Back
View All Articles

Take Charge of Your Heart While You Are Still Healthy

As men age into their 50s and 60s, the risk for heart disease increases substantially. But it’s not as if someone flips a switch that suddenly makes you more vulnerable.

Instead, cardiac disease is the result of exposing your heart to a variety of risk factors starting as early as your 20s and 30s. This accumulation of damage is responsible for making heart disease the leading cause of death for men in the United States, accounting for about one in four deaths.

One of the most important things to know about heart disease is that it is much easier to prevent than it is to treat. There are many steps you can take, including lifestyle changes and working with a cardiologist, to improve your odds of avoiding a range of heart conditions.

The time to do this is when you are still relatively young, rather than waiting until you feel sick.

Common Heart Conditions

Heart disease includes numerous disorders of your heart and the network of blood vessels that supplies your body with the oxygen and nutrients its needs to thrive. The most common condition is coronary artery disease, where cholesterol deposits accumulate in your arteries, restricting the flow of blood. Often the condition goes unnoticed in its early stages. But as it progresses, symptoms include:

  • Chest pain (also known as angina)
  • Shortness of breath
  • Unexplained fatigue
  • Indigestion
  • Swelling in your hands or feet
  • Heart attack

Other conditions include abnormal heart rhythms (arrhythmias), heart valve disease, abnormal heart muscle (cardiomyopathy) and heart failure. Blood flow issues can also cause cerebrovascular diseases, which can lead to stroke.

Risk Factors

There are many risk factors that can increase your chances of developing heart disease. One way to break them down is to look the ones you can’t control and those that you can change through medications and lifestyle/diet.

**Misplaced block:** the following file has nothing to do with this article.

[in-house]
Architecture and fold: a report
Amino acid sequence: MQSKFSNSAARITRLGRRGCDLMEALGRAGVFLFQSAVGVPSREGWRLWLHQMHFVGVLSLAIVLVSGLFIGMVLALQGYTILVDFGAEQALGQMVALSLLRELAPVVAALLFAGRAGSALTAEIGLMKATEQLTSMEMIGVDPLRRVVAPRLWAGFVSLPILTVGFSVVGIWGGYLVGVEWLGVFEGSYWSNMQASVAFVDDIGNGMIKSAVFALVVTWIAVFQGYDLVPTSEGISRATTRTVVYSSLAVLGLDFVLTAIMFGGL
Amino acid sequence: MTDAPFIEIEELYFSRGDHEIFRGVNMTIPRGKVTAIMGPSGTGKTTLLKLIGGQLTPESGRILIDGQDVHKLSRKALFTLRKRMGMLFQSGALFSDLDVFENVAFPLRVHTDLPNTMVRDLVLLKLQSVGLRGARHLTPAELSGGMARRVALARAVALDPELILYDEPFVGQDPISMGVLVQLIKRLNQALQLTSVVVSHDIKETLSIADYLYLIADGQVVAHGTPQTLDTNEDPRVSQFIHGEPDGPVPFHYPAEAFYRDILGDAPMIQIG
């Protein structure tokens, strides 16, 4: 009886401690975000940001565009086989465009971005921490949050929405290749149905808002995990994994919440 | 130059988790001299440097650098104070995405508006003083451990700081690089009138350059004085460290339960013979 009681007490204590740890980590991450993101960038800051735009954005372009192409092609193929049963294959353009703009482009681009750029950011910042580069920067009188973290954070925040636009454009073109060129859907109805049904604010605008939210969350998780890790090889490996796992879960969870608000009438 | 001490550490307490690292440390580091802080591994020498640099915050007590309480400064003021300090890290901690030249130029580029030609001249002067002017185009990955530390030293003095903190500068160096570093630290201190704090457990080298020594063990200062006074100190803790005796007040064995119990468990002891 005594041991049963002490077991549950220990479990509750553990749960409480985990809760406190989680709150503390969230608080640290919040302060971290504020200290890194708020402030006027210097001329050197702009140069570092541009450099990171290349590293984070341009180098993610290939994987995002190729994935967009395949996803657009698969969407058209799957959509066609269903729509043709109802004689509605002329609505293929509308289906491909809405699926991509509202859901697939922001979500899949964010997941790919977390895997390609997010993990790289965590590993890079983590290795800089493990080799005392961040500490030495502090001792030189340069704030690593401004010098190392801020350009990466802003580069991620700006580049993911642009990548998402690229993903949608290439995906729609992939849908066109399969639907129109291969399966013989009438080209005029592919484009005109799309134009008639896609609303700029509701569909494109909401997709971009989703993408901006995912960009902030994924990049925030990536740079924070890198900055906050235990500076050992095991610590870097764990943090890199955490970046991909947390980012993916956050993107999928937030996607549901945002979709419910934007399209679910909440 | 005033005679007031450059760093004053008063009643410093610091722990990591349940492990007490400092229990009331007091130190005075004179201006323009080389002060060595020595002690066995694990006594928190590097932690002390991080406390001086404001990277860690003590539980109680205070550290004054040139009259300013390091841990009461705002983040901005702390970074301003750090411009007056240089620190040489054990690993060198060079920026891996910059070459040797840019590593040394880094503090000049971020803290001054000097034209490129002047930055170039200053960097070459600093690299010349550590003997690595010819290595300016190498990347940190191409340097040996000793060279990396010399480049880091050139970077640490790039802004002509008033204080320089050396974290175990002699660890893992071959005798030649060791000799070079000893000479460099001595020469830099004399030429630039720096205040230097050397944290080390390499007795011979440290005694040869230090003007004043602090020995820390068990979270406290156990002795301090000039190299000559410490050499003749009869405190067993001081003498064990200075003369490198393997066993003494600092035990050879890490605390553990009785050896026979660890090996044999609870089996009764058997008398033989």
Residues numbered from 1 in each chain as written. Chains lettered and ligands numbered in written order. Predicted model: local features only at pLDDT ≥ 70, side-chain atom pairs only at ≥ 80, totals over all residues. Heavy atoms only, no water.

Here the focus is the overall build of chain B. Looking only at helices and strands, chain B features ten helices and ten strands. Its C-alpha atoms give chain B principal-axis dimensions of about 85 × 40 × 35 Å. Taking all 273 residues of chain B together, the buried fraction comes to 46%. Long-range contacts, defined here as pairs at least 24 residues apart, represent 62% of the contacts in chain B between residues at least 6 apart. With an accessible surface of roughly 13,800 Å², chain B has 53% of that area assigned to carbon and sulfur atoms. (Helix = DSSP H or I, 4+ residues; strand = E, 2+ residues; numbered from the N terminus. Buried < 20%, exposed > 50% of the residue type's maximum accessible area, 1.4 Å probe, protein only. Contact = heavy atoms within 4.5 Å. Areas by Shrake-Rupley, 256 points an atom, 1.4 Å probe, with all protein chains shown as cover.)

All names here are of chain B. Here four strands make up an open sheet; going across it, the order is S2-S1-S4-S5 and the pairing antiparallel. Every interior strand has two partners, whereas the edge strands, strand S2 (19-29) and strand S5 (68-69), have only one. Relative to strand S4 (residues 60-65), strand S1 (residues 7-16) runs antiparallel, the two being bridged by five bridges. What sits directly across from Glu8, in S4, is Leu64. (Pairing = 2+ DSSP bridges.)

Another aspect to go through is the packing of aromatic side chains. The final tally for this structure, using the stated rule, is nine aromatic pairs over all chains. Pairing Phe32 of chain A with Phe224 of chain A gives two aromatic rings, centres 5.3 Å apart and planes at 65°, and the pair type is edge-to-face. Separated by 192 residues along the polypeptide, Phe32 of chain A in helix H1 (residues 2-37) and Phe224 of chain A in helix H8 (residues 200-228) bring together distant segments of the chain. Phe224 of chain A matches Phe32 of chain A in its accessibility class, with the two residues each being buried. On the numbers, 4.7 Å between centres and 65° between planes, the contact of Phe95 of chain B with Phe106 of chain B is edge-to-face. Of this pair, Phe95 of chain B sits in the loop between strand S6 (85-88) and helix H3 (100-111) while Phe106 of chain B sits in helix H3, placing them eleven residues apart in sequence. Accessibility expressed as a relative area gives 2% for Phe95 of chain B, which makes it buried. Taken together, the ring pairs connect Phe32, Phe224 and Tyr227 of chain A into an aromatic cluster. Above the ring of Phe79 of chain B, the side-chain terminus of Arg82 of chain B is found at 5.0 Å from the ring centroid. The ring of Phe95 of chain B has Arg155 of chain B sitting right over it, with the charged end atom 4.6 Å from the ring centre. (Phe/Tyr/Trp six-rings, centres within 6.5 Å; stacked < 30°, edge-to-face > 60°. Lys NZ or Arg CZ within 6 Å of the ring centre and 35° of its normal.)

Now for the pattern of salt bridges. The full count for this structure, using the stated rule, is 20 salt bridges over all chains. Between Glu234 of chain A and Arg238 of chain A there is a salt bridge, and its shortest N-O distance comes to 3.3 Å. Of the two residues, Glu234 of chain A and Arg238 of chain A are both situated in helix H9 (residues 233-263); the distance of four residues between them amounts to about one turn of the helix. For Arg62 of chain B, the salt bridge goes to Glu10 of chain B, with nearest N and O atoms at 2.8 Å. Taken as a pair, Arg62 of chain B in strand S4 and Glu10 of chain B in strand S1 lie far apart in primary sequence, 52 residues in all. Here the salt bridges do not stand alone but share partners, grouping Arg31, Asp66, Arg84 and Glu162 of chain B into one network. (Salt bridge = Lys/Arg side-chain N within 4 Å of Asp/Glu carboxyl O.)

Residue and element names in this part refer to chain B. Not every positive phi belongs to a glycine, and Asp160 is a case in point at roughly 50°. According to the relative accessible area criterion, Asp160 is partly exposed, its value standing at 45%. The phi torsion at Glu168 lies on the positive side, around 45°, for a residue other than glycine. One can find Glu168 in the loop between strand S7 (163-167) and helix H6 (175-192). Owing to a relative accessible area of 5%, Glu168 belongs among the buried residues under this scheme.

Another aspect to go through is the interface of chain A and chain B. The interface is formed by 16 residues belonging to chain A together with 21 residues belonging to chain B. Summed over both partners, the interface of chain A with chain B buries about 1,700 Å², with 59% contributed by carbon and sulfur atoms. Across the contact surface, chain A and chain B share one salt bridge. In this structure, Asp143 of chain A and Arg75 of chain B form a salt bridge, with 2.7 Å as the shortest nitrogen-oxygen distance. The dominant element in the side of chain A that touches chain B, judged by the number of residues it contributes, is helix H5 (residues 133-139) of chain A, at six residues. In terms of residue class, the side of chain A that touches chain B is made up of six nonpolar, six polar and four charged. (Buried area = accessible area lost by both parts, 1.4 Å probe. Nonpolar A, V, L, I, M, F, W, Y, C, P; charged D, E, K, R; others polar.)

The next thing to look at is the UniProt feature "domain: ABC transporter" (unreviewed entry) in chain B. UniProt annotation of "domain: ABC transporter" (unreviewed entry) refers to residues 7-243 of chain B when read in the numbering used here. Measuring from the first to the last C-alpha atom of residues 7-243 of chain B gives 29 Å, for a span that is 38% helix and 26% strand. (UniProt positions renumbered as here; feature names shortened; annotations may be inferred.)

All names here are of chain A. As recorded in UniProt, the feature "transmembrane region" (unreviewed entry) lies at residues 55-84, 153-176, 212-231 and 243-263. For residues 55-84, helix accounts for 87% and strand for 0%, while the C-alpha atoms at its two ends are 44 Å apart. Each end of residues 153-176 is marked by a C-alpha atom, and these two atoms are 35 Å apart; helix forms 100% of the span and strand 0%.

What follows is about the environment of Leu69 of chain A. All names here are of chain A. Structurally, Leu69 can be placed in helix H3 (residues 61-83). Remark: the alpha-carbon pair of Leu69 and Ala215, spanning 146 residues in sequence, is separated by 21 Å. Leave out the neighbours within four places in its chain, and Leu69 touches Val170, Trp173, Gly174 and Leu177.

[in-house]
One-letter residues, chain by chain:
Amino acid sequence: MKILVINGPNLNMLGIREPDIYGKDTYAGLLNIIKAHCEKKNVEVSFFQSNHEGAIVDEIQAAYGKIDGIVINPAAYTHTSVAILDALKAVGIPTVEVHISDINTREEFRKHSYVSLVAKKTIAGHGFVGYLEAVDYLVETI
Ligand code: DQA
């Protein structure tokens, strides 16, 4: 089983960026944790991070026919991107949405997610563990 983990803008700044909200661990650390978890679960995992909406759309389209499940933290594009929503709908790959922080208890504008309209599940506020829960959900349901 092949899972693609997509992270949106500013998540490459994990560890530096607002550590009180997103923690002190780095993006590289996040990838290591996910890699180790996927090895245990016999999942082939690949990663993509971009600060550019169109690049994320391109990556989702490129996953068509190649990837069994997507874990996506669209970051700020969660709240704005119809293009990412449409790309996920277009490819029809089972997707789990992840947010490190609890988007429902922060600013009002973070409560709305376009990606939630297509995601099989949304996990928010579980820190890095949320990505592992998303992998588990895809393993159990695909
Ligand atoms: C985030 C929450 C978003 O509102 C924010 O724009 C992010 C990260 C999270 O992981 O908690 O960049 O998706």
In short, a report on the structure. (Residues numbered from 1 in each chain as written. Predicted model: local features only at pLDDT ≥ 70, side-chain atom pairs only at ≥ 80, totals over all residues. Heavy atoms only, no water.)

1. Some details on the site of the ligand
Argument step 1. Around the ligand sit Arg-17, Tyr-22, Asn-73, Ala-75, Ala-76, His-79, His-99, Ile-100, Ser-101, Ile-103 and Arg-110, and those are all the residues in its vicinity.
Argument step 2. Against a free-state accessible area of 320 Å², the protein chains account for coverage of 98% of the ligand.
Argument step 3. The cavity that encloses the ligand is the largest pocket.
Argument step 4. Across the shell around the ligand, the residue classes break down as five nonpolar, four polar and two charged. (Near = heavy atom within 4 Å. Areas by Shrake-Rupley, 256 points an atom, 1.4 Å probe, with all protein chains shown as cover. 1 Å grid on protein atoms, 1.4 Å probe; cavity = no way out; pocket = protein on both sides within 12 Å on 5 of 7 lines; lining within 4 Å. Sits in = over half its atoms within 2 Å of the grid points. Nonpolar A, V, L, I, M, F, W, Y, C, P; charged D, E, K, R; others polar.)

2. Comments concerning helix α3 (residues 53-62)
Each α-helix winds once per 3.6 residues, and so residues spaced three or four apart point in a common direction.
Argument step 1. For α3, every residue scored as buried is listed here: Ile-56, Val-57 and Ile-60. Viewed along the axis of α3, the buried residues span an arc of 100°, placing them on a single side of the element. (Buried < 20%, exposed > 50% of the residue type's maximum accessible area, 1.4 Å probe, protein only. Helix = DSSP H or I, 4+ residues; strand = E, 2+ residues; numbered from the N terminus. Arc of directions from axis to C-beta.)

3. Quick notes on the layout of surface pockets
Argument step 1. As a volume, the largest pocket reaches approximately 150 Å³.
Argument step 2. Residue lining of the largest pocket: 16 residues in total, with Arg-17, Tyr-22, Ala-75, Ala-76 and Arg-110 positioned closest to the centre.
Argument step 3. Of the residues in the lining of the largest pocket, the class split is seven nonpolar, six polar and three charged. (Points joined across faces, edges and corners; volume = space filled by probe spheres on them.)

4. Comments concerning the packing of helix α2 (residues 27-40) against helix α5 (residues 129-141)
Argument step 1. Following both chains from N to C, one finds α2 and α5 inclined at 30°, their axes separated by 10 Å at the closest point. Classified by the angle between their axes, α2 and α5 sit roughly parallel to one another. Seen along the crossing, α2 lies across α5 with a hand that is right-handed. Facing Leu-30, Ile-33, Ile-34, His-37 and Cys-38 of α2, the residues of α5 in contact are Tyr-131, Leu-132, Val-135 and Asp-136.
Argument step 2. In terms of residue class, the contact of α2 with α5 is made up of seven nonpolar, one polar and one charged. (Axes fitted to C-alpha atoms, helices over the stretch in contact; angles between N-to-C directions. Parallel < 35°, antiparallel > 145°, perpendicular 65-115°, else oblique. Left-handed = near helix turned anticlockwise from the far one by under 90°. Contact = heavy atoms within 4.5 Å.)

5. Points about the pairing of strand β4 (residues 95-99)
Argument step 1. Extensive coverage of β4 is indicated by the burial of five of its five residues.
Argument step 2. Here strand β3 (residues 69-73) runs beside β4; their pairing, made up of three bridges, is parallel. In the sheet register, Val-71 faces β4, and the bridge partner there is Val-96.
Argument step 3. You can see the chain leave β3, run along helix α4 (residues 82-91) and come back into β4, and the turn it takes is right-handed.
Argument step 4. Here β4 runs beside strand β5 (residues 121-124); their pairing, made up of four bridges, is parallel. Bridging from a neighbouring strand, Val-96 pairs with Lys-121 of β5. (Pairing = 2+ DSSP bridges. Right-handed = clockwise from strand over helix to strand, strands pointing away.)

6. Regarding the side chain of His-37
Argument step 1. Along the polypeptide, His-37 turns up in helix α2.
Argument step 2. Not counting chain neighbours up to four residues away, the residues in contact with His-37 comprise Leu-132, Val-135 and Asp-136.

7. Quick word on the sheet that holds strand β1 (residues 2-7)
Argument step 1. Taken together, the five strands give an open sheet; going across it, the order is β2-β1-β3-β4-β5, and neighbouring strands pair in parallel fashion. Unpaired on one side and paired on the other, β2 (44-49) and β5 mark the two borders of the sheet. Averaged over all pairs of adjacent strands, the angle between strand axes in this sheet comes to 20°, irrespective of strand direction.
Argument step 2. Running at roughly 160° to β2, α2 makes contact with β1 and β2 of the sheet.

Unfortunately, there’s nothing you can do about your genetics or a family history of heart disease. Some families pass along genetic factors that make you more susceptible to heart diseases and some of the key risk factors, including high blood pressure. Your age also contributes, with your risk increasing with each passing year. Some ethnic groups are also more vulnerable, including African Americans, American Indians and Alaska Natives.

There are, however, several risk factors you can control. Those include:

  • Smoking: Tobacco use is linked to a range of health conditions, including heart disease and cancer.
  • High cholesterol: This can lead to fatty deposits in your blood vessels, making your heart work harder.
  • High blood pressure: Your arteries can be damaged by the extra force of the blood flow, making them less elastic.
  • Obesity: This makes you more likely to develop conditions like high blood pressure and diabetes.
  • Diabetes: Critical blood vessels and nerves can be damaged by high blood sugar.
  • Unhealthy diet: Eating too much saturated fats, salt and cholesterol is linked to heart disease.
  • Heavy alcohol consumption: Drinking too much can increase your blood pressure and triglycerides, a fatty substance in your blood.

Protecting Against Heart Disease

While there’s nothing you can do about your genetics and other unmodifiable risk factors, you can take control of other important heart elements.

Decide to create a healthier environment for your heart. Start with what you eat. Among the better diets for your heart is the Mediterranean diet, which has been shown to reduce your risk of atherosclerosis (plaque buildup in your arteries) and heart attack.

Cutting down on salt can lower your blood pressure. Focus on fruits, vegetables, fish, poultry, healthier oils and fats (olive oil, for example) and whole grains. Limit your consumption of red meats, fried foods, sugar, saturated fats, refined carbohydrates (white breads and pastries, for example) and alcohol.

You also need to get your body moving. Regular exercise can reduce your risk for heart attack and stroke. You don’t need to be running marathons or biking 100 miles a day. Even simple exercise, like a brisk walk, will help significantly. The key is to build it into your life as something you do at least five days a week for 30 minutes at a time.

And when diet and exercise aren’t enough, your doctor can prescribe medications to help lower your blood pressure and cholesterol.

Related Articles